• Twice as many males as females in prime-time TV shoes

  • 3 to 4 times as many males as females in children's programming

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What percentage of TV shows are gender balanced? What is the difference in presentation of men and women between 45 and 64?

  • Fewer than 20% of TV shows are gender balanced

  • 20% of people 45-64 are women

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Distribution in Screentime for women and men in movies (in the study that looked at top grossing movies in 2015) where they were co-leads.

  • Top grossing movies in 2015: female characters got 1/2 the screen time as male characters (even when co=leads)

  • If woman was the lead, she did get 50% of screen time

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What was the distribution in women and men in 'family' movies (study from 2006-2009)?

  • A content analysis of G, PG, and PG-13 movies between 2006-2009: 71% of speaking characters were male, only 29% female

  • Females are also more likely to be portrayed in sexy, tight, alluring clothes

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The difference in appearance of men and women in commercials? What is the difference in voice-overs

About 50% of characters in TV commercials were female by 2016, but 65% of voiceovers were male

  • Male voices are thought to be more authoritative

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Age-trends for the appearance of women in media

Women over 30 (and especially over 50) are heavily underrepresentated

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Weight-trends for women who appear in the media

  • Sexualized girls are presented as mature women

  • Average BMI of runway model is 16, but the BMI of the average woman is 26.5

  • Average actress in prime-time TV shows are significantly skinnier than male counterpart

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Characteristics of the ideal female body mostly portrayed in the media + actual percentage of women with this type

  • Idealized portrayal of feminine beauty (in the US) is very tall, very thin, small hipped (5% of adult females actually have this build

  • large breasts are even more rare with this body type

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Difference between women and men presented in ads

  • Women's particular body parts are shown in ads (lower back, legs, etc) and there are different requirements for men and women Female bodies relatively commonly presented as just body parts: view of model backside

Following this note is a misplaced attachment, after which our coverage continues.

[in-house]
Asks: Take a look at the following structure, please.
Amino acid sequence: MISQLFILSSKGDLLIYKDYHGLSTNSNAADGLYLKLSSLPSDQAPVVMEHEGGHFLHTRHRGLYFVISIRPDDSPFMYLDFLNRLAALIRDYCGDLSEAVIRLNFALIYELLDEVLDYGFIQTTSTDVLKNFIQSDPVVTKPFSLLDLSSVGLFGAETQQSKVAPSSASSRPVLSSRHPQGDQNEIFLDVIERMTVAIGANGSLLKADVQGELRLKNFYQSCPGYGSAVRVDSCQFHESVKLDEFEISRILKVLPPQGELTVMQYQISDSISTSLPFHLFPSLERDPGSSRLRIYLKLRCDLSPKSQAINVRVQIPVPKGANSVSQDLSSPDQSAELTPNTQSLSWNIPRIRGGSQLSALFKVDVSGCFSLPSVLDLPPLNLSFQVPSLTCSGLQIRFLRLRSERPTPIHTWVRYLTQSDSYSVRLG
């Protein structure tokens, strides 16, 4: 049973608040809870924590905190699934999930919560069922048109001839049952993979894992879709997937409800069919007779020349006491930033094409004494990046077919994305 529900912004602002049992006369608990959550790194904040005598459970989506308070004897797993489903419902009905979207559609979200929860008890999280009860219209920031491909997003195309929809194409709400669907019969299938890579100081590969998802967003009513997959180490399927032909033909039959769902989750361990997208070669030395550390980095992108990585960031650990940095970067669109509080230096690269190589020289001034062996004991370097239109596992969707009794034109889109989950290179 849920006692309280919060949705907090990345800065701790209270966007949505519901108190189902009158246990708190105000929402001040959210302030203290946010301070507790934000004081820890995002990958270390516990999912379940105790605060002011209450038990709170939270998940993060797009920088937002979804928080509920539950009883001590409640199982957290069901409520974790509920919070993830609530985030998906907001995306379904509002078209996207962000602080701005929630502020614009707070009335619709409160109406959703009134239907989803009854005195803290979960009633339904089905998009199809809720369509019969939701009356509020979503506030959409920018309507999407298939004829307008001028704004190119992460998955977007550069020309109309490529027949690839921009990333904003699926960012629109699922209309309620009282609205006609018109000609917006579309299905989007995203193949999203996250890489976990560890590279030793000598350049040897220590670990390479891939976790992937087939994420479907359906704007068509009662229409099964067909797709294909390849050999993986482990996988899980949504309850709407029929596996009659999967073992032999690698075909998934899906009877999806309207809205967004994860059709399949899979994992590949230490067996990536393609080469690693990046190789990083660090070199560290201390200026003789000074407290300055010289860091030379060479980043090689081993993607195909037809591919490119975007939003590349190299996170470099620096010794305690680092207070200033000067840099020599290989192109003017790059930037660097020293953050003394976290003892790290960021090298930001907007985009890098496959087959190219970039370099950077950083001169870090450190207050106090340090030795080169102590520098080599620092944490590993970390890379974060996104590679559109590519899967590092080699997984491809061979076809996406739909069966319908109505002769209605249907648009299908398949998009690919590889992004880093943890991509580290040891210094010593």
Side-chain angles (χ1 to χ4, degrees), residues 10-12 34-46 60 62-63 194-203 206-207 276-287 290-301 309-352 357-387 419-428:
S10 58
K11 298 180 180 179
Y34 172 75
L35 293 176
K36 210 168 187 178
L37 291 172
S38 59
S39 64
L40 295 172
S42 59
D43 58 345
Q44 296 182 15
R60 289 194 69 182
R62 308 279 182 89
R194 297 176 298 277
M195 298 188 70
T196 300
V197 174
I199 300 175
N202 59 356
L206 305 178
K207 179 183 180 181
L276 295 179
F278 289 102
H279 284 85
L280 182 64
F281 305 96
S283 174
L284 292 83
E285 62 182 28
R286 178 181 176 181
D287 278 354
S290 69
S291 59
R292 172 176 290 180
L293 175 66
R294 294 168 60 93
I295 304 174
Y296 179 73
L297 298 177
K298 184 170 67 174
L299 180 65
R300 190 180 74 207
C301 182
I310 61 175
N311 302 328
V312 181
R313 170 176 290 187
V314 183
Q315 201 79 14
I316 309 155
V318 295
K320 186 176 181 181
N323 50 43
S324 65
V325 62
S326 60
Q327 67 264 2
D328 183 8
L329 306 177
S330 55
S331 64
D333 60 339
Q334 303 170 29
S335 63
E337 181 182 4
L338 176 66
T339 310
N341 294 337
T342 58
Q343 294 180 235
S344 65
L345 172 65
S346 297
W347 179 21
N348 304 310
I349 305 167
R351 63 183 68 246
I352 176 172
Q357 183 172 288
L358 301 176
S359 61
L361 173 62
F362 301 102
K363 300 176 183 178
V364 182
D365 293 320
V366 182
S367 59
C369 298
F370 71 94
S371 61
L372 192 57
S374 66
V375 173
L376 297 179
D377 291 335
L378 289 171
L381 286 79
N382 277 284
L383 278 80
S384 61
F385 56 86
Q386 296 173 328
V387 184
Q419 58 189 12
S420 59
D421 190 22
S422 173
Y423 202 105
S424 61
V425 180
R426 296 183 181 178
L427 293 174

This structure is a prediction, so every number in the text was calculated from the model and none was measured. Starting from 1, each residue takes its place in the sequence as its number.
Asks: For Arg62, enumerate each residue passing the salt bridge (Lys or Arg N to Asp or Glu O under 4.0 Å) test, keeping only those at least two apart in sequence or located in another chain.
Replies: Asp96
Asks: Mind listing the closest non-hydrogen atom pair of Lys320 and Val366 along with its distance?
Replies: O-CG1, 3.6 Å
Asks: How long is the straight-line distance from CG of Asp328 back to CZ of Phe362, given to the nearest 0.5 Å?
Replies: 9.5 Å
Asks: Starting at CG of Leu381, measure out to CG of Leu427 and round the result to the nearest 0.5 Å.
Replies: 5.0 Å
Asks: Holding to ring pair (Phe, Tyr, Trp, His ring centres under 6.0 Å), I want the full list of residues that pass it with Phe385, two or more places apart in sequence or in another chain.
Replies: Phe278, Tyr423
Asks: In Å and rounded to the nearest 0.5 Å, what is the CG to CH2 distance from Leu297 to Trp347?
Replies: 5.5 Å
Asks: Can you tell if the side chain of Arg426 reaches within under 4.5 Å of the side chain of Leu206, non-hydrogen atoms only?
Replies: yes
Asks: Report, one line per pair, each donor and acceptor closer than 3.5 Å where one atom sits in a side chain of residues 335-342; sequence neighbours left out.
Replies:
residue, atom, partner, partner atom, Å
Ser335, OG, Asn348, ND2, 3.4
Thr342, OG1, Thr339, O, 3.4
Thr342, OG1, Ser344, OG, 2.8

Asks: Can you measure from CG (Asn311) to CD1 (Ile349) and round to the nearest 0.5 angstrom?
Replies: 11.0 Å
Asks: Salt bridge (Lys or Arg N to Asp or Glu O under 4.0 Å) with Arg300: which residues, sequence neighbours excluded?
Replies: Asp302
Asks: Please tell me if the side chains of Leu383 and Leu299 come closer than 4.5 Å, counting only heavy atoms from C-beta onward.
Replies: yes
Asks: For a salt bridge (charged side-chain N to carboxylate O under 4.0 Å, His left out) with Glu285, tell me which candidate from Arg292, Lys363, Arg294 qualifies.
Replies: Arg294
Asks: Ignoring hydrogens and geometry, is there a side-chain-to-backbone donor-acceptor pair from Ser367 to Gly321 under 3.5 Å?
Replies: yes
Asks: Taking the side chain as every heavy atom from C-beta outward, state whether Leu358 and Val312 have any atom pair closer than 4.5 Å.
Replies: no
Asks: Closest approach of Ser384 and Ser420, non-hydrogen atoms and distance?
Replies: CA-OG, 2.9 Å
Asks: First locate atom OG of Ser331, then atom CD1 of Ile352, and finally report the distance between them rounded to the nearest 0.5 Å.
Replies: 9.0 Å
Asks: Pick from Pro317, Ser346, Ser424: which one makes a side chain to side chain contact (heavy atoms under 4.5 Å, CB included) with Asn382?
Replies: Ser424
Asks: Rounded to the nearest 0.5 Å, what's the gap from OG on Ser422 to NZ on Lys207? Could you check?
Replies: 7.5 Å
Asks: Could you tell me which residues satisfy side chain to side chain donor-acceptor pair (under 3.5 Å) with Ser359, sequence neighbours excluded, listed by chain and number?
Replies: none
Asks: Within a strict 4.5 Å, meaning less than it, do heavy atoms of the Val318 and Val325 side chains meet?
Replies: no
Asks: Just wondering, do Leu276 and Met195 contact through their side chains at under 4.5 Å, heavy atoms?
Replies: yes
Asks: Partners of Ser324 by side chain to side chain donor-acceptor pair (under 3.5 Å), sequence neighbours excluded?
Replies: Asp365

• female models more frequently passive poses, makes have active poses

  • Females presented as flawless, males as more rumpled

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Some of the effects on media consumers measured in studies looking at physical appearance of females in media?

  • Effect measurement is hard

  • More eating disorders in preadolescent & college girls who watch more TV

  • High Schoolers looking at "retouched" photos score higher on body consciousness, lower physical self-esteem

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Other 3 characteristics are women often displayed as having in media? ?

  • Homemakers, frilly, or mean

  • women are still often portrayed as homemakers and mothers

  • more wives deferring to their husbands

  • Females in children' shows frilly and wimpy (this is getting better)

  • Women often displayed as mean, socially aggressive, backstabbing, and double-crossing each other

  • men shown as emotionless

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Men's portrayal of emotionless shown in ads

  • Definitely the depiction in older TV shows and movies.

  • Men don't cry.

  • In ads men look blankly at no one (often with sunglasses), when women look at the camera

  • Men are supposed to be stern. They don't feel pain.

  • In ads, intense men often look very blatantly not act as no one.

  • Male models now have much more defined 6 packs than male models 30 years ago.

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Ideal male body

well-developed upper-body muscles for males (unattainable for teen boys unless using steroids)

  • Aging/gray hair is more acceptable in men

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What is the difference in ages of men shown in media from women?

  • Men are allowed to be old in media (gray hair is acceptable for men, but balding is not unless head is shaved).

  • Women in the media are not allowed to be old, and those that are old are held to the same standards as much younger women.

  • Underrepresentation of women older than 30.

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Trends with respect to hairloss and baldness for men in media

  • Losing hair common in 20s and 30s, but not for sympathetic leading men (shaved heads excepted)

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"Bumbling dad" concept presented in media

  • Prevalent stereotype of men as competent professionally, but ignorant and bungling with regard to housework and childcare.

  • Changing a little

  • still men as insensitive and interpersonally unskilled

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Trend of kids' gender in sitcoms

55% of children boys